hw-monitoring (unmute/adjust the line-in level from your mixer app).
If you want to use ecasound for monitoring, you have to add a separate
chain for it:
- ecasound -c -b:256 \
-a:1 -i monitor-track.wav \
-a:2,3 -i /dev/dsp \
-a:2 -o new-track.wav \
-a:1,3 -o /dev/dsp
One thing to note that there are some differences in how OSS soundcard
drivers handle full-duplex (playback and recording at the same time)
operation. Some drivers allow the same device to be opened multiple
times (like in above example we open '/dev/dsp' once for recording
and once for playback.
You can always do test recordings until you find the optimal volume
levels (using the soundcard mixer apps and adjusting source volume),
but ecasound offers a better way to do this. This is a bit ugly,
but what's most important, it works in text-mode:
- ecasound -c -f:16,2,44100 -a:1 -i /dev/dsp0 -o /dev/dsp3 -ev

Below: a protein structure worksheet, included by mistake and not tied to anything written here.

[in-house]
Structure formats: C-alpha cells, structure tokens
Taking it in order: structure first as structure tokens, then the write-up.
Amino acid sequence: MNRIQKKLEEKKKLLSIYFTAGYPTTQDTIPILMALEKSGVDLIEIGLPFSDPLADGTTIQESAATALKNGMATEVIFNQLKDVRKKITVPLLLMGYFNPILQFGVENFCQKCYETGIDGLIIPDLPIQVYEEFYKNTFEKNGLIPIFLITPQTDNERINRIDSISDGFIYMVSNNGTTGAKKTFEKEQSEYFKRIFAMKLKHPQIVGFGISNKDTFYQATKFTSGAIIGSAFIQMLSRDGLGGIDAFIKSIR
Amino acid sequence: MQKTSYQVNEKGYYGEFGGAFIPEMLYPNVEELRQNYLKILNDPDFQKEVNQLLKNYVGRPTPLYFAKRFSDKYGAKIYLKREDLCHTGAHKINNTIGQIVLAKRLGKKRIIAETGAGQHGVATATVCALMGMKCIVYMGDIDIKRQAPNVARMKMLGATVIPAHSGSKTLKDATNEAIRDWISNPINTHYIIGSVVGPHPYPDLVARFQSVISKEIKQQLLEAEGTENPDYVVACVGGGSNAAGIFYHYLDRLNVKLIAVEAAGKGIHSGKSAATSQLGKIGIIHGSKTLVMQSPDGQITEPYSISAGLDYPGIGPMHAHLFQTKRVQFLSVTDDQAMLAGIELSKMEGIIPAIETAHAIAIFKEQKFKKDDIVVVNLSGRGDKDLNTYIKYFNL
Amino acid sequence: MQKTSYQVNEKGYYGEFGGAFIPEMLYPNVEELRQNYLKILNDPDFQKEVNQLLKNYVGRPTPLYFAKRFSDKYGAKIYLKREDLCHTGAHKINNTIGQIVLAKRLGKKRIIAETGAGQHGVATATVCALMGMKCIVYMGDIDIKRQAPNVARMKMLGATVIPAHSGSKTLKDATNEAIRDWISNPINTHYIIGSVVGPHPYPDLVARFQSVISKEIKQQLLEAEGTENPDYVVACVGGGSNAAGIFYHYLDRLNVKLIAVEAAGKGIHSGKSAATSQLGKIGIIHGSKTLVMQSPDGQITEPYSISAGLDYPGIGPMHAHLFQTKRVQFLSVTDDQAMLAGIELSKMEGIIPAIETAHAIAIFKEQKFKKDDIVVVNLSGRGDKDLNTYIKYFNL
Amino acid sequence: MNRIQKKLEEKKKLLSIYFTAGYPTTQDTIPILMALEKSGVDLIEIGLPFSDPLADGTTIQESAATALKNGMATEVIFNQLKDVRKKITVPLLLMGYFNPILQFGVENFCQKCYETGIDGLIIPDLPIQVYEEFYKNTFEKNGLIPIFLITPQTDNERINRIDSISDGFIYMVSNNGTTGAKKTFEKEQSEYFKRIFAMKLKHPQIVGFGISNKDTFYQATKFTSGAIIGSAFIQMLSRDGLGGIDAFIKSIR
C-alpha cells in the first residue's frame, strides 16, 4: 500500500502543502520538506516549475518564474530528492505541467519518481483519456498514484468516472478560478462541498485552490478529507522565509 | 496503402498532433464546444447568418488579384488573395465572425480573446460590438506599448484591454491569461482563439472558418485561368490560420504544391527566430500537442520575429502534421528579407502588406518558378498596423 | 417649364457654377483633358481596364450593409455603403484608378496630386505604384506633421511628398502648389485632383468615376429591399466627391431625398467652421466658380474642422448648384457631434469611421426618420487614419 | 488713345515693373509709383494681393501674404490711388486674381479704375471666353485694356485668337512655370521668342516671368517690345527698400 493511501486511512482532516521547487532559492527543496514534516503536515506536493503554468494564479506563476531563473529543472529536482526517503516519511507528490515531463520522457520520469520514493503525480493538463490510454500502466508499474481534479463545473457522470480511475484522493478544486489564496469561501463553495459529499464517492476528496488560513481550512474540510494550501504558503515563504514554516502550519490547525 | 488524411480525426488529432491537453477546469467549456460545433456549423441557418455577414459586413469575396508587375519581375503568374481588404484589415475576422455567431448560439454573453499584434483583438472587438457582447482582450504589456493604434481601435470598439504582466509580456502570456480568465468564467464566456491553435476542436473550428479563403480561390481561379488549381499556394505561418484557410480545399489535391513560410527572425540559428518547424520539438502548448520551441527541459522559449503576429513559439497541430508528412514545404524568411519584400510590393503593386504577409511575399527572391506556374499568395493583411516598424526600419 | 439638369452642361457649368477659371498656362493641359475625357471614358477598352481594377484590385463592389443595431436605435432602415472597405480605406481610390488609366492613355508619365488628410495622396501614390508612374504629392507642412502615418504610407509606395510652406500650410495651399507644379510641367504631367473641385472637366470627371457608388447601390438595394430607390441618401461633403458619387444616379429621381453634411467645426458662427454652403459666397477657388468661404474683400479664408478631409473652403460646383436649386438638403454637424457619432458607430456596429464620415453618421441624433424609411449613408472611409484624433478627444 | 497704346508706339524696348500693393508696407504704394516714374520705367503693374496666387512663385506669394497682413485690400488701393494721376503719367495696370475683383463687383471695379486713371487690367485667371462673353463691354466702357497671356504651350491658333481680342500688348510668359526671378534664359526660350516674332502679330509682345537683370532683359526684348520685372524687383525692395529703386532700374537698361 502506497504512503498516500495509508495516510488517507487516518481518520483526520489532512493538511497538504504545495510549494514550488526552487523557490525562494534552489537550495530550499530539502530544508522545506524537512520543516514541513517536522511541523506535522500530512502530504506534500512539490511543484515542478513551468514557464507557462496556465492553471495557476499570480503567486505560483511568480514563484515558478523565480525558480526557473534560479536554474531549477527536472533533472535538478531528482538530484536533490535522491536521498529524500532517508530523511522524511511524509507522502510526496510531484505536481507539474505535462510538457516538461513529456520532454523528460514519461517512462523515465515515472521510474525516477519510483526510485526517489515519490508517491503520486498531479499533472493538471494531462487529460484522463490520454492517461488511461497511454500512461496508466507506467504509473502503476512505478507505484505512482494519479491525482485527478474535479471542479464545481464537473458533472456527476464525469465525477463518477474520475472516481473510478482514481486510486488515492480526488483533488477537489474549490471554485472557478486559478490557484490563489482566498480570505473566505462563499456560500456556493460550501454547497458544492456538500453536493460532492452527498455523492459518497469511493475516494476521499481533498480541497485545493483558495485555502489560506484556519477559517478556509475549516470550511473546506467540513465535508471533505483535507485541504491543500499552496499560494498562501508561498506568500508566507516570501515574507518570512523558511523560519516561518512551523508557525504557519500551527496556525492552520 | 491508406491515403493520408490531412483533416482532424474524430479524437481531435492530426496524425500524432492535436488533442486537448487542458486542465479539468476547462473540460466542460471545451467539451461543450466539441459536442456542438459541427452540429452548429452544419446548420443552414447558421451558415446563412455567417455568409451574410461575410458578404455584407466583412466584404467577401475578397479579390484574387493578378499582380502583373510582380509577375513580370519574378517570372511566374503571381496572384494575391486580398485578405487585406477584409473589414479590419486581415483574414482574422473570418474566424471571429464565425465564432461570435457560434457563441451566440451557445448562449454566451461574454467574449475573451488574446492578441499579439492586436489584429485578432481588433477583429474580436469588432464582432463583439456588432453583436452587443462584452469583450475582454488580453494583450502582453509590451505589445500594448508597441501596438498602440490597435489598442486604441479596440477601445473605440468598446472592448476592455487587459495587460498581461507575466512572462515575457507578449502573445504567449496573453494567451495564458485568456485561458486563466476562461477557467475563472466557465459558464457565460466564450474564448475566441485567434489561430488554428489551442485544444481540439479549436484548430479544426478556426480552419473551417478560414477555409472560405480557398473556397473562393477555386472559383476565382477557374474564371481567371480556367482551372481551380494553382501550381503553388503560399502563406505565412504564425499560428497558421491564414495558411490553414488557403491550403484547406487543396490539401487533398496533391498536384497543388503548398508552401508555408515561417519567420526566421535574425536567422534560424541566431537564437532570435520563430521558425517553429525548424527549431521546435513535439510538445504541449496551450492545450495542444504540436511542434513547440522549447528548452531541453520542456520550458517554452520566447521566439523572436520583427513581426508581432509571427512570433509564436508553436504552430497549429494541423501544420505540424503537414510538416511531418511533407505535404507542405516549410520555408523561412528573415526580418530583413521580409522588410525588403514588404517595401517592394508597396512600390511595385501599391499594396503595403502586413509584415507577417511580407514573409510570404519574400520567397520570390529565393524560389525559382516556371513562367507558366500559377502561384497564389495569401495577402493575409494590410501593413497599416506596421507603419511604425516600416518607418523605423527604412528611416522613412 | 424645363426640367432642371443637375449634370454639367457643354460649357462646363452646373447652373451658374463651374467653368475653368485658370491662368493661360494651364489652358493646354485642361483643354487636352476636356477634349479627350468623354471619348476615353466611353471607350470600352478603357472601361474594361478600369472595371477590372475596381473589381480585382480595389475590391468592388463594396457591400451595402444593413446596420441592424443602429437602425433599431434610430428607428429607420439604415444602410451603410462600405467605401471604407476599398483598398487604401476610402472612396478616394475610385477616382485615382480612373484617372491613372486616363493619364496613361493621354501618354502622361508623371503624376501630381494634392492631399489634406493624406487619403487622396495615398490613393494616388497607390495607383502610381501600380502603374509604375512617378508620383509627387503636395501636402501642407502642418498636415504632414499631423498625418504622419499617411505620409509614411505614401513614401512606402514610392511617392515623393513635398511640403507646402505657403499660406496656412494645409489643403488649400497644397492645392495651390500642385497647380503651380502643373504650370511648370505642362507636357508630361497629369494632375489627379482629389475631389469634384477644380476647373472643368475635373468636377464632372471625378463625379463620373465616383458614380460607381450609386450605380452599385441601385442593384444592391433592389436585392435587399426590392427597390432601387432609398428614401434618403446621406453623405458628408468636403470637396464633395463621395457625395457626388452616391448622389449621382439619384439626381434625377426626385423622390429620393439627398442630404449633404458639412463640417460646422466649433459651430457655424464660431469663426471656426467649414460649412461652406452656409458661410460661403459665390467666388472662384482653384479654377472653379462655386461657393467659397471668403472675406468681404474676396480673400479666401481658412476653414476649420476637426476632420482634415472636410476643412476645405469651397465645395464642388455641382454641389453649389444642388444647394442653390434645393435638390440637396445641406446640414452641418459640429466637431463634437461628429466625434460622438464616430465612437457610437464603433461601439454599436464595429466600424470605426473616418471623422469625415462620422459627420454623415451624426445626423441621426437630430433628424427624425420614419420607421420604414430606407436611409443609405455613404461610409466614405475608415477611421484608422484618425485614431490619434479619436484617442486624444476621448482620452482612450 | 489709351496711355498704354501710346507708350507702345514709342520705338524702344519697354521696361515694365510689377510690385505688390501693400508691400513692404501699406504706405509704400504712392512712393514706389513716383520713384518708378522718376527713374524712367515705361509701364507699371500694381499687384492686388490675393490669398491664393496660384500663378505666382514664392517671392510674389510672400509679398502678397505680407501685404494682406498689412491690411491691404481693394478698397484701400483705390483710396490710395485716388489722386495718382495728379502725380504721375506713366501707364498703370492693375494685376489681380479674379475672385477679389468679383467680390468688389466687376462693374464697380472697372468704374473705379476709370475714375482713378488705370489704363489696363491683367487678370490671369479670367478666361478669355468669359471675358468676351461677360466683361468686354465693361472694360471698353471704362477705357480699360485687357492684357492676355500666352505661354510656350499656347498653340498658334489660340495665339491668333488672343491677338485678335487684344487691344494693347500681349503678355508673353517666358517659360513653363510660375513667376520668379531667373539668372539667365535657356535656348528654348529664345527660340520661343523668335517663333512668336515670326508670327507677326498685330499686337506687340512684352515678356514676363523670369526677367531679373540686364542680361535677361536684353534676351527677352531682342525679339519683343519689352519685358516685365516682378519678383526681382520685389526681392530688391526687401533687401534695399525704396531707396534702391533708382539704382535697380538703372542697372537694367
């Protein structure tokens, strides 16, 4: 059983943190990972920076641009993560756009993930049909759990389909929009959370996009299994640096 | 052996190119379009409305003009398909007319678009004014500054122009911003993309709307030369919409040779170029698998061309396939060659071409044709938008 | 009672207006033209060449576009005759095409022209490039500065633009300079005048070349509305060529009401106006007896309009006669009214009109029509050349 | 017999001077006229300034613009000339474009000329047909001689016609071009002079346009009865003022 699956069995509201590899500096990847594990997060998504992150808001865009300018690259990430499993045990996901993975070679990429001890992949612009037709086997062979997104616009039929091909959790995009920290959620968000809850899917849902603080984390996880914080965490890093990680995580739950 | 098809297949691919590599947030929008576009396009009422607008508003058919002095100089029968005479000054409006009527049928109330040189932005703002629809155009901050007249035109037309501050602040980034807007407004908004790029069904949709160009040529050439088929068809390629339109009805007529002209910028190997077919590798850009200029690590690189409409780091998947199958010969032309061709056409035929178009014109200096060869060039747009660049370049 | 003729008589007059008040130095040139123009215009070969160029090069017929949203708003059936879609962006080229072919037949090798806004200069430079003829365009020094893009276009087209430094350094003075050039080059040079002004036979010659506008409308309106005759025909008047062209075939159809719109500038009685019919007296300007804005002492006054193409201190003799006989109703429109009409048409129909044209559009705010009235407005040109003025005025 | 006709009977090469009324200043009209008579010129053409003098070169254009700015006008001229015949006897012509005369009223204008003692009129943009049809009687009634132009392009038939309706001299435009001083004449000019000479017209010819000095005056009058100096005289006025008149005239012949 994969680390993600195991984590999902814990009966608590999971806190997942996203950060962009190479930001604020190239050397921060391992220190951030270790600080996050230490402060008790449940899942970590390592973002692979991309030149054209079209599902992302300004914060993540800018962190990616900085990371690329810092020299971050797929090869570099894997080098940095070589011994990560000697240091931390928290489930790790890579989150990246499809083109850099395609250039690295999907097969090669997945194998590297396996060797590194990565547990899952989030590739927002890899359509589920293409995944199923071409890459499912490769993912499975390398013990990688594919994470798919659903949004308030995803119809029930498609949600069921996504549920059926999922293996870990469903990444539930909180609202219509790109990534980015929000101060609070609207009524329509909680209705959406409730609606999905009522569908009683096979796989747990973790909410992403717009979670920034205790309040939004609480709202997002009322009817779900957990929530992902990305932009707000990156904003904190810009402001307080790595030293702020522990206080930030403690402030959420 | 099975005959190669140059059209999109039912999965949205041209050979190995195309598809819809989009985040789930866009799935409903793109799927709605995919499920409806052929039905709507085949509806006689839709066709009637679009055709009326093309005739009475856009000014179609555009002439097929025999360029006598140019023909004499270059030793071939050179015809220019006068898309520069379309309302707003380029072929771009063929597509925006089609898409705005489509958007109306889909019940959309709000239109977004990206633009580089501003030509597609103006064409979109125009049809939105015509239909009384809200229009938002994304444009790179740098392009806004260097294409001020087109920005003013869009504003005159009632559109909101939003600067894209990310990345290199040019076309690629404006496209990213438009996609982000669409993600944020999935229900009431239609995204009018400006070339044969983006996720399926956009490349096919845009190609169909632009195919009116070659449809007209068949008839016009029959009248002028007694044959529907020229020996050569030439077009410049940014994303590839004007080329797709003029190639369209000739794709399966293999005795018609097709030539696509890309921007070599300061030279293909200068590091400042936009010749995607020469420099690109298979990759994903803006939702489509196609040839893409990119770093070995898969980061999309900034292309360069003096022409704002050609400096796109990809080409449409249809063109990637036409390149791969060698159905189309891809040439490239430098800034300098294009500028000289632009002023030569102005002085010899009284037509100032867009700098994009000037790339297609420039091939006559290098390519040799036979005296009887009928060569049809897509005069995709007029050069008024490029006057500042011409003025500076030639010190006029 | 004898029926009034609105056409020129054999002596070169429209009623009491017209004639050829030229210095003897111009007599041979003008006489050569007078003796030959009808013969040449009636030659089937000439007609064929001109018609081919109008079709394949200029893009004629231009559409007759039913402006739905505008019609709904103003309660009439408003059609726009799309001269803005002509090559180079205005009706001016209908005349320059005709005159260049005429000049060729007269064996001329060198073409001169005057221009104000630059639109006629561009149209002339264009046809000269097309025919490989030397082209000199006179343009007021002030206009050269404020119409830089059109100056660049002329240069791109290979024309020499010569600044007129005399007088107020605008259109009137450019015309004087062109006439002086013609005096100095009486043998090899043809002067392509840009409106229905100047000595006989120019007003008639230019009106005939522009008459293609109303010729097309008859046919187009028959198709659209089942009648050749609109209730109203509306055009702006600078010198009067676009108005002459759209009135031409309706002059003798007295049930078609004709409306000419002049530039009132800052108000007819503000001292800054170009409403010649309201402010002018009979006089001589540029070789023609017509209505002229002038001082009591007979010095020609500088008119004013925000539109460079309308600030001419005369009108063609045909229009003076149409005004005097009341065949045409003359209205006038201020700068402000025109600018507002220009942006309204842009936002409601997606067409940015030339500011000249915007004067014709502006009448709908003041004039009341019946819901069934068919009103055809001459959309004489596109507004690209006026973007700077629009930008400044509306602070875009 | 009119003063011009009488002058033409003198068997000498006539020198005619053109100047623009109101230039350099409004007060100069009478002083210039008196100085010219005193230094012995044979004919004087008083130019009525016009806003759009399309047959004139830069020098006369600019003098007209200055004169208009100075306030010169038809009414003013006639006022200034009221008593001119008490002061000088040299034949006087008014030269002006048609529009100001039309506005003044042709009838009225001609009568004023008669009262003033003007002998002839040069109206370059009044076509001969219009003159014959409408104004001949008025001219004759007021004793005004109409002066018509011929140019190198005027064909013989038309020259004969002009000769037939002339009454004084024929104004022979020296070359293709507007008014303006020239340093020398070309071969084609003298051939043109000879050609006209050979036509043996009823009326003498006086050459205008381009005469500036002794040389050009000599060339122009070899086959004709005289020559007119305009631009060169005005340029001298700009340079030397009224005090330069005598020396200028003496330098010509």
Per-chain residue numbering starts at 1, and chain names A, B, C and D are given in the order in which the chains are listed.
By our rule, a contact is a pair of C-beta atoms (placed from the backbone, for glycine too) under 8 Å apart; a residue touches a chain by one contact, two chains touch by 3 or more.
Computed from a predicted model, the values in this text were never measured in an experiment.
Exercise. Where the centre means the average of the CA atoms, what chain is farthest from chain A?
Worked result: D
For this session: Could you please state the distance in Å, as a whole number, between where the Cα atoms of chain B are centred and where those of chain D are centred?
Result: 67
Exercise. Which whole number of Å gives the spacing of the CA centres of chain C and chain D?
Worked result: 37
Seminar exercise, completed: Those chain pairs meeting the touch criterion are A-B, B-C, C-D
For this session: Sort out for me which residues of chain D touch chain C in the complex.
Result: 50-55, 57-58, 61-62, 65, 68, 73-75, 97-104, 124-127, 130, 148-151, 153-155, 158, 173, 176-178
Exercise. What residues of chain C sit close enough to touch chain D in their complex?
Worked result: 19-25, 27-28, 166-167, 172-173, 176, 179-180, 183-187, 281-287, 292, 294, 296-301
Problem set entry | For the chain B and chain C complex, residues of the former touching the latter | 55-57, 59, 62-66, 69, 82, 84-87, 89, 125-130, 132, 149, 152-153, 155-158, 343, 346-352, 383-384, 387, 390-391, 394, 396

Basicly this just records from one OSS input, puts the signal through
an analyze (-ev) effect and outputs to an OSS output. The secret
here is that you can get volume statistics with the estatus (or
es) command in interactive mode. Qtecasound also offers
a estatus pushbutton. This way you can adjust the mixer
settings, check the statistics (after which they're reseted), adjust
again, check statistics, ... and so on. Newer ecasound versions (1.8.5
and newer) come with 'ecasignalview', which is a standalone app that
can monitor signal level in realtime.
Here's a few real-life mixdown examples.
- ecasound -c \
-a:1 -i drums.wav \
-a:2 -i synth-background.wav \
-a:3 -i bass-guitar_take-2.ewf \
-a:4 -i brass-house-lead.wav \
-a:all -o /dev/dsp
First of all, interactive-mode is selected with -c. Then
four inputs (all stereo) are added. All four chains are then assigned
to one output, which this time is the soundcard (/dev/dsp). That's
- ecasound -c -r -b:2048 \
-a:1,5 -i drums.wav -ea:200 \
-a:2,6 -i synth-background.wav -epp:40 -ea:120 \
-a:3,7 -i bass-guitar_take-2.ewf -ea:75 \
-a:4,8 -i brass-house-lead.wav -epp:60 -ea:50 \
-a:1,2,3,4 -o /dev/dsp \
-a:5,6,7,8 -o current_mix.wav
This second example is more complex. The same inputs are used, but